Aug 3, 2022 4 tweets 1 min read
1) A sad story: A physician in Austria was facing credible and horrific online death threats because she endorsed SARS-CoV-2 vaccination. She had to invest lots of money into security and in the end had to give up her office. An incompetent police force wasn't able to help. 2) Last Friday she was found dead, very likely due to suicide. derstandard.at/story/20001378…
May 20, 2022 4 tweets 1 min read
Currently 2 hours delayed at the gate at JFK because it seems @Delta can't find a pilot. Interesting. Update: Pilot showed up and we boarded. Now we are sitting in the plane waiting for a decision if luggage from people rebooked on a second flight to the same destination should be unloaded. My connection to Stockholm is now toast.
Mar 31, 2022 5 tweets 5 min read
Alright, the SAVE (SARS-CoV-2 Assessment of Viral Evolution program) paper is out!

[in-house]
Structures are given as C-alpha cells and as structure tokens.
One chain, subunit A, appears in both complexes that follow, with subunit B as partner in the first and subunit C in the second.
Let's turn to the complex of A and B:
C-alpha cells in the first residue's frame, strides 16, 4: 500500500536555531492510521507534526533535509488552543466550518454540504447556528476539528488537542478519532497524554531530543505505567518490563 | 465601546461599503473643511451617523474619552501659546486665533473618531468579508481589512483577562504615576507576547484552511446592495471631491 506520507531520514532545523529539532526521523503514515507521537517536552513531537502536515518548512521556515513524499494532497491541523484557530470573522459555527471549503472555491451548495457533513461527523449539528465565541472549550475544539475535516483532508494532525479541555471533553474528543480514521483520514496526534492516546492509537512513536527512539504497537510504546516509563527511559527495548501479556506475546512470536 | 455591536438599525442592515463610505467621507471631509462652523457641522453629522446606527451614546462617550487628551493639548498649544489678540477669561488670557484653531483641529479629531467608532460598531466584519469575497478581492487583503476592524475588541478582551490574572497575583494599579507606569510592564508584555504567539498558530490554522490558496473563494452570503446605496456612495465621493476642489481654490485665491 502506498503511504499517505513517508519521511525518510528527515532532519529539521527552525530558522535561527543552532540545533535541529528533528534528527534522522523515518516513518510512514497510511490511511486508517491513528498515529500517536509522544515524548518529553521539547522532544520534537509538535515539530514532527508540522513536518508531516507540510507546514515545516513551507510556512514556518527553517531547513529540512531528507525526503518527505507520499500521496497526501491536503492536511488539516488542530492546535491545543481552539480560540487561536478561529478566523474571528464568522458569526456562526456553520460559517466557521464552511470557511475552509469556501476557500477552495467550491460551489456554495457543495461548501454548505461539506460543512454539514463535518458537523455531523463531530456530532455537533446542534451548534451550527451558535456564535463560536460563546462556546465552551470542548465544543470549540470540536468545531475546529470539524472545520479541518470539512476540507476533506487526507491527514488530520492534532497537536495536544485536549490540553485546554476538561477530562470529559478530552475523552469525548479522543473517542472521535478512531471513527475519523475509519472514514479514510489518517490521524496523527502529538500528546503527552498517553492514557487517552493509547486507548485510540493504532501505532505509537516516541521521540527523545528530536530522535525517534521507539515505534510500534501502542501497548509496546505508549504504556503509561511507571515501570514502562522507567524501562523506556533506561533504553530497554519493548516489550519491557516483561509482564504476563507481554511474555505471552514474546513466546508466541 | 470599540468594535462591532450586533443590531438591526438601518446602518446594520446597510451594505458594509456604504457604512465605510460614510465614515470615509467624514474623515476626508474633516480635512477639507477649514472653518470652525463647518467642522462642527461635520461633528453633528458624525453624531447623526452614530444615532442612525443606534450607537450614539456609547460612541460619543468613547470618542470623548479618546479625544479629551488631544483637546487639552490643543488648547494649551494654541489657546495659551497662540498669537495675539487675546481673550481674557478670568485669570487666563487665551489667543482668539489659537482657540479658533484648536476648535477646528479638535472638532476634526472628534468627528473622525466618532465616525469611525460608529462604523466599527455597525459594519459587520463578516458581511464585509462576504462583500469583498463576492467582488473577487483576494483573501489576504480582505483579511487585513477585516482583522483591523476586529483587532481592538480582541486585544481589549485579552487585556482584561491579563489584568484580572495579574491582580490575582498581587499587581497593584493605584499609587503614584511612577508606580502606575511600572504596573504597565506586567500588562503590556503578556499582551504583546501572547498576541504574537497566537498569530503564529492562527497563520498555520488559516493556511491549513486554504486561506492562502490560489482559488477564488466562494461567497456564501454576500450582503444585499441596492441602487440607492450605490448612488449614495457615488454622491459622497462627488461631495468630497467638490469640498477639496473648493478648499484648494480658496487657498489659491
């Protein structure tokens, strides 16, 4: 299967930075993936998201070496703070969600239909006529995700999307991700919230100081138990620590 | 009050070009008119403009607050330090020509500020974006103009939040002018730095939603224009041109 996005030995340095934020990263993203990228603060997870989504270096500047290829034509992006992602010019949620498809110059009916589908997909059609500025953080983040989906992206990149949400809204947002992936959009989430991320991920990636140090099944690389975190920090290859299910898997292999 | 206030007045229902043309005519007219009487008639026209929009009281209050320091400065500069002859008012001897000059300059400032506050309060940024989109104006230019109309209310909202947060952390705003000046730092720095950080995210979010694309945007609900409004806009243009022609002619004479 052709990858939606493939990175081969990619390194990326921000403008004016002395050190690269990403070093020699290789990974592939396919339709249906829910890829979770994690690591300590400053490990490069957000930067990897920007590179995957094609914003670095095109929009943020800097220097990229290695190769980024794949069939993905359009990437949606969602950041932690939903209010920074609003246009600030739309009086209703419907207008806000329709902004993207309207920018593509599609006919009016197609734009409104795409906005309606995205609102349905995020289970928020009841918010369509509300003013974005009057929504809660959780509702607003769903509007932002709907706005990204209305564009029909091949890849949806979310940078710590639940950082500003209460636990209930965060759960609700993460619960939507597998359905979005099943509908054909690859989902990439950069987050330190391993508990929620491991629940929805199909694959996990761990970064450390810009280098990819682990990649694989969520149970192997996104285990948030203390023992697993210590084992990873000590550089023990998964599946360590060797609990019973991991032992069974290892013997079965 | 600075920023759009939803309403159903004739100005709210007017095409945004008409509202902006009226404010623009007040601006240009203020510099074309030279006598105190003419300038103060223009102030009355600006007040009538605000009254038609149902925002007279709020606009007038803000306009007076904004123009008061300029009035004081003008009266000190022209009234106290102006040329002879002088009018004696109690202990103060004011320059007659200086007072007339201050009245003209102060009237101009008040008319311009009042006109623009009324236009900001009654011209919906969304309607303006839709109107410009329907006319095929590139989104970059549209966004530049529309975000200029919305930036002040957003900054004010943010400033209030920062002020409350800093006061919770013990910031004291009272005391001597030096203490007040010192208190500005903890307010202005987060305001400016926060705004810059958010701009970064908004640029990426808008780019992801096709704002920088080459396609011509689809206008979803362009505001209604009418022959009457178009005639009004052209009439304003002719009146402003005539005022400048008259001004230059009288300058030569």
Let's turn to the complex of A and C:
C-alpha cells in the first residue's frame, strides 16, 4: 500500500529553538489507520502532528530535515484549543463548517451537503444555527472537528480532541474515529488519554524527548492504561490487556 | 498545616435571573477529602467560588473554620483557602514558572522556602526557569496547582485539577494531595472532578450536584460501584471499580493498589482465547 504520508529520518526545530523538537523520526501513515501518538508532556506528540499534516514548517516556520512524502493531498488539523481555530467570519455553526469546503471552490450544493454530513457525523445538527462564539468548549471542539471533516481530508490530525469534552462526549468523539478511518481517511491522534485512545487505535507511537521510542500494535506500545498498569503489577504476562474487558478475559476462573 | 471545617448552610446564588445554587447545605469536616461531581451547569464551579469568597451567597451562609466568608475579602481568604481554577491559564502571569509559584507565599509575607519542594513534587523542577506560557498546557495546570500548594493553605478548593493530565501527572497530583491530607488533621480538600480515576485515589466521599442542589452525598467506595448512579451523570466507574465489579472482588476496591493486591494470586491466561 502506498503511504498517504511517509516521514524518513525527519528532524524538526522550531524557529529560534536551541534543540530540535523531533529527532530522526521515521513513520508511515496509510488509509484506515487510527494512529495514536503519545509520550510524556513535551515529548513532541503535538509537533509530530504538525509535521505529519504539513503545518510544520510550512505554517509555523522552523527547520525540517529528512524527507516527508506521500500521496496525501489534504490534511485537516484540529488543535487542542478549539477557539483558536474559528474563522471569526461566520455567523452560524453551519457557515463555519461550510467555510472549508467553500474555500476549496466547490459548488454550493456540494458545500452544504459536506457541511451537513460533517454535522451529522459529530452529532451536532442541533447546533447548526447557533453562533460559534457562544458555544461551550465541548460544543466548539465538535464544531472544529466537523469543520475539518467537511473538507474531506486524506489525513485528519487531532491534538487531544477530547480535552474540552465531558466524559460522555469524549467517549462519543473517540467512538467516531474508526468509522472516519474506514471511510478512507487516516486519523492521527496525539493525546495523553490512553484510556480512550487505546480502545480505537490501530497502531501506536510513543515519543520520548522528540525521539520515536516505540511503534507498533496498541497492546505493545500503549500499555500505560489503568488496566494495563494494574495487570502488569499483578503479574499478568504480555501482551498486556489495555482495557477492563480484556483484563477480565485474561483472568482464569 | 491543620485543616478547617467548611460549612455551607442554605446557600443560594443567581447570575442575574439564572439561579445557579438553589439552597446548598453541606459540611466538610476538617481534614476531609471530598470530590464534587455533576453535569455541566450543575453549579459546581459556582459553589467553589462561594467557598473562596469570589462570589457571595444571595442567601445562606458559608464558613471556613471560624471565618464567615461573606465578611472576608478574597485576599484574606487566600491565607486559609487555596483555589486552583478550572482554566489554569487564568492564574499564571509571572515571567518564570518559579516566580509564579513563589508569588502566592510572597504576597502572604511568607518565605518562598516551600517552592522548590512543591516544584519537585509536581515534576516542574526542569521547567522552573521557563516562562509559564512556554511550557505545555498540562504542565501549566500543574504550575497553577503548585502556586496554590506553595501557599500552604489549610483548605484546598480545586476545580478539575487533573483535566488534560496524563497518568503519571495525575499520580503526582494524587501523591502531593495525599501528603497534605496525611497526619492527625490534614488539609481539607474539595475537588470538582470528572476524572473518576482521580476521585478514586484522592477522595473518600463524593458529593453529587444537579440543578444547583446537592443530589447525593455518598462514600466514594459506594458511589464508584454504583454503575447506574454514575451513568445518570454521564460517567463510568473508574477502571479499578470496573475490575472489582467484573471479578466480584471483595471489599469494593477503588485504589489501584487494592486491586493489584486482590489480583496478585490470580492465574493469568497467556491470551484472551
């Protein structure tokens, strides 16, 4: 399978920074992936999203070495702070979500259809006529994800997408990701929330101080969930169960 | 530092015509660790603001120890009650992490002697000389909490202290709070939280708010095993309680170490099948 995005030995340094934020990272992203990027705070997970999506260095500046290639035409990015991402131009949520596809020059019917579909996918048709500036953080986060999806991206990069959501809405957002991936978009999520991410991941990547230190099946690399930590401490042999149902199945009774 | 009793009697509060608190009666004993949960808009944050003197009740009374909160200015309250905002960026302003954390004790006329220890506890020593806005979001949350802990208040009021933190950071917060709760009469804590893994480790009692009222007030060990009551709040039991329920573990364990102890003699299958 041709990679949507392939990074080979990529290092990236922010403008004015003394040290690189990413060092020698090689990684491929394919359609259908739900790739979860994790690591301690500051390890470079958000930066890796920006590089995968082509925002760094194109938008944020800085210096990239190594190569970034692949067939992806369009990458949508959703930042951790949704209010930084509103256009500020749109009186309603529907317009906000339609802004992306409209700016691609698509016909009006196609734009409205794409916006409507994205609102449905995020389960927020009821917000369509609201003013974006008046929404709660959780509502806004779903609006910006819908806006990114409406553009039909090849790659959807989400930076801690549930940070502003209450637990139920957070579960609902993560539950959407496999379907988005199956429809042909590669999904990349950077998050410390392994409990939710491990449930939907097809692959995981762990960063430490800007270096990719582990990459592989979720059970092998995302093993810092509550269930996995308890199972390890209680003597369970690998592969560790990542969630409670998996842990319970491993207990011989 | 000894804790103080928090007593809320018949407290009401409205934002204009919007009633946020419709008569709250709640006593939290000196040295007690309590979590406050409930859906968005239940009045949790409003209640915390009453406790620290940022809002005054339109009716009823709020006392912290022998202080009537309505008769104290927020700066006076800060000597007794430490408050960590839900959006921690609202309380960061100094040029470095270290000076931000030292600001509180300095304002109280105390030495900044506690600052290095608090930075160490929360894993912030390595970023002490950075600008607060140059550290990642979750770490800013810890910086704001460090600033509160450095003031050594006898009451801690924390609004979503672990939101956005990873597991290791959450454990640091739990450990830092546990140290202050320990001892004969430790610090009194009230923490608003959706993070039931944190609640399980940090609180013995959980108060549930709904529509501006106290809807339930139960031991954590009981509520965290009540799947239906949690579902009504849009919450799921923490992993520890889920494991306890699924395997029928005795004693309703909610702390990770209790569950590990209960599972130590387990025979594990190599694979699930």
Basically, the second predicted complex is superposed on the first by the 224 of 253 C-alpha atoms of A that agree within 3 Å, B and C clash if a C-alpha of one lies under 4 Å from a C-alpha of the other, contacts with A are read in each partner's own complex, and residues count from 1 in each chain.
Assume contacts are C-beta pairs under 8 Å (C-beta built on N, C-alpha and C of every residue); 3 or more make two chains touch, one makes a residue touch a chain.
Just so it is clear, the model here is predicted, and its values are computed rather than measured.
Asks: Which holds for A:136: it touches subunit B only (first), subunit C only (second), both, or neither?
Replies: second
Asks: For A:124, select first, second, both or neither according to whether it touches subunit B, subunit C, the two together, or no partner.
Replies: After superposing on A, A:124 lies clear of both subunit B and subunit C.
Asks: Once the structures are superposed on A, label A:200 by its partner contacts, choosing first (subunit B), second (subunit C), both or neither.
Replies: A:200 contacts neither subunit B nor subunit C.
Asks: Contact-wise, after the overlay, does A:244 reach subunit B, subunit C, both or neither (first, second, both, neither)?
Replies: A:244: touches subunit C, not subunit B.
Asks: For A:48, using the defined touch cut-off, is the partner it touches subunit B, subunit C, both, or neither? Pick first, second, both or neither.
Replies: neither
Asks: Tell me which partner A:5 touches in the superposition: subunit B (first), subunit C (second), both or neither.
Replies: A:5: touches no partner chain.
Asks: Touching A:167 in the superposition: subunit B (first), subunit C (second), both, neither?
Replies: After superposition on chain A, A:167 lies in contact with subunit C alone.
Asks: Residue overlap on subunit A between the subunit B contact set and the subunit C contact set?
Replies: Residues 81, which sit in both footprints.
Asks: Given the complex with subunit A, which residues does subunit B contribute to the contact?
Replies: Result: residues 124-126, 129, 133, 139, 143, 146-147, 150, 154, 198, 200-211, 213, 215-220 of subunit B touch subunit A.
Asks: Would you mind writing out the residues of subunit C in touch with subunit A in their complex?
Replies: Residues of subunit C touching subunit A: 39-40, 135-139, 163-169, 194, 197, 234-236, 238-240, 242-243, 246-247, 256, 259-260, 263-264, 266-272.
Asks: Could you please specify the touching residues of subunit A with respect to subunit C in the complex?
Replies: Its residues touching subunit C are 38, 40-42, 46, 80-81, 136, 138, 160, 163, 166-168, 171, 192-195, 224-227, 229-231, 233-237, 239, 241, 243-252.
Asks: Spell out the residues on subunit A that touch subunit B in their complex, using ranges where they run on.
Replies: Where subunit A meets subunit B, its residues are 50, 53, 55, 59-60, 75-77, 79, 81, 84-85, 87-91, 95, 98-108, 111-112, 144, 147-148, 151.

"Defining the risk of SARS-CoV-2 variants on immune protection"

nature.com/articles/s4158… Many researchers from the US and internationally are contributing to this huge effort to early detect and quickly characterize variants. Juan Manuel Carreño in my lab and my colleagues @VivianaSimonLab, @mschotsaert, Harm van Bakel and Adolfo García-Sastre are major contributors.
Mar 22, 2022 5 tweets 1 min read
1) Es gibt mittlerweile Medikamente, die, wenn sie früh genug genommen werden das Risiko eines schweren Verlaufs von COVID-19 drastisch reduzieren. Paxlovid ist eines diese Medikamente und ist in der EU zugelassen. Ziel sollte es sein, dass solche Medikament leicht zugänglich... 2)...sind. Jeder Hausarzt sollte darüber Bescheid wissen und es sollte Risikopatienten auch direkt nach einem positiven Test im frühen Stadium der Erkrankung verschrieben werden. Ich weiss nicht, wie die Versorgungslage in Österreich da grad aussieht, aber...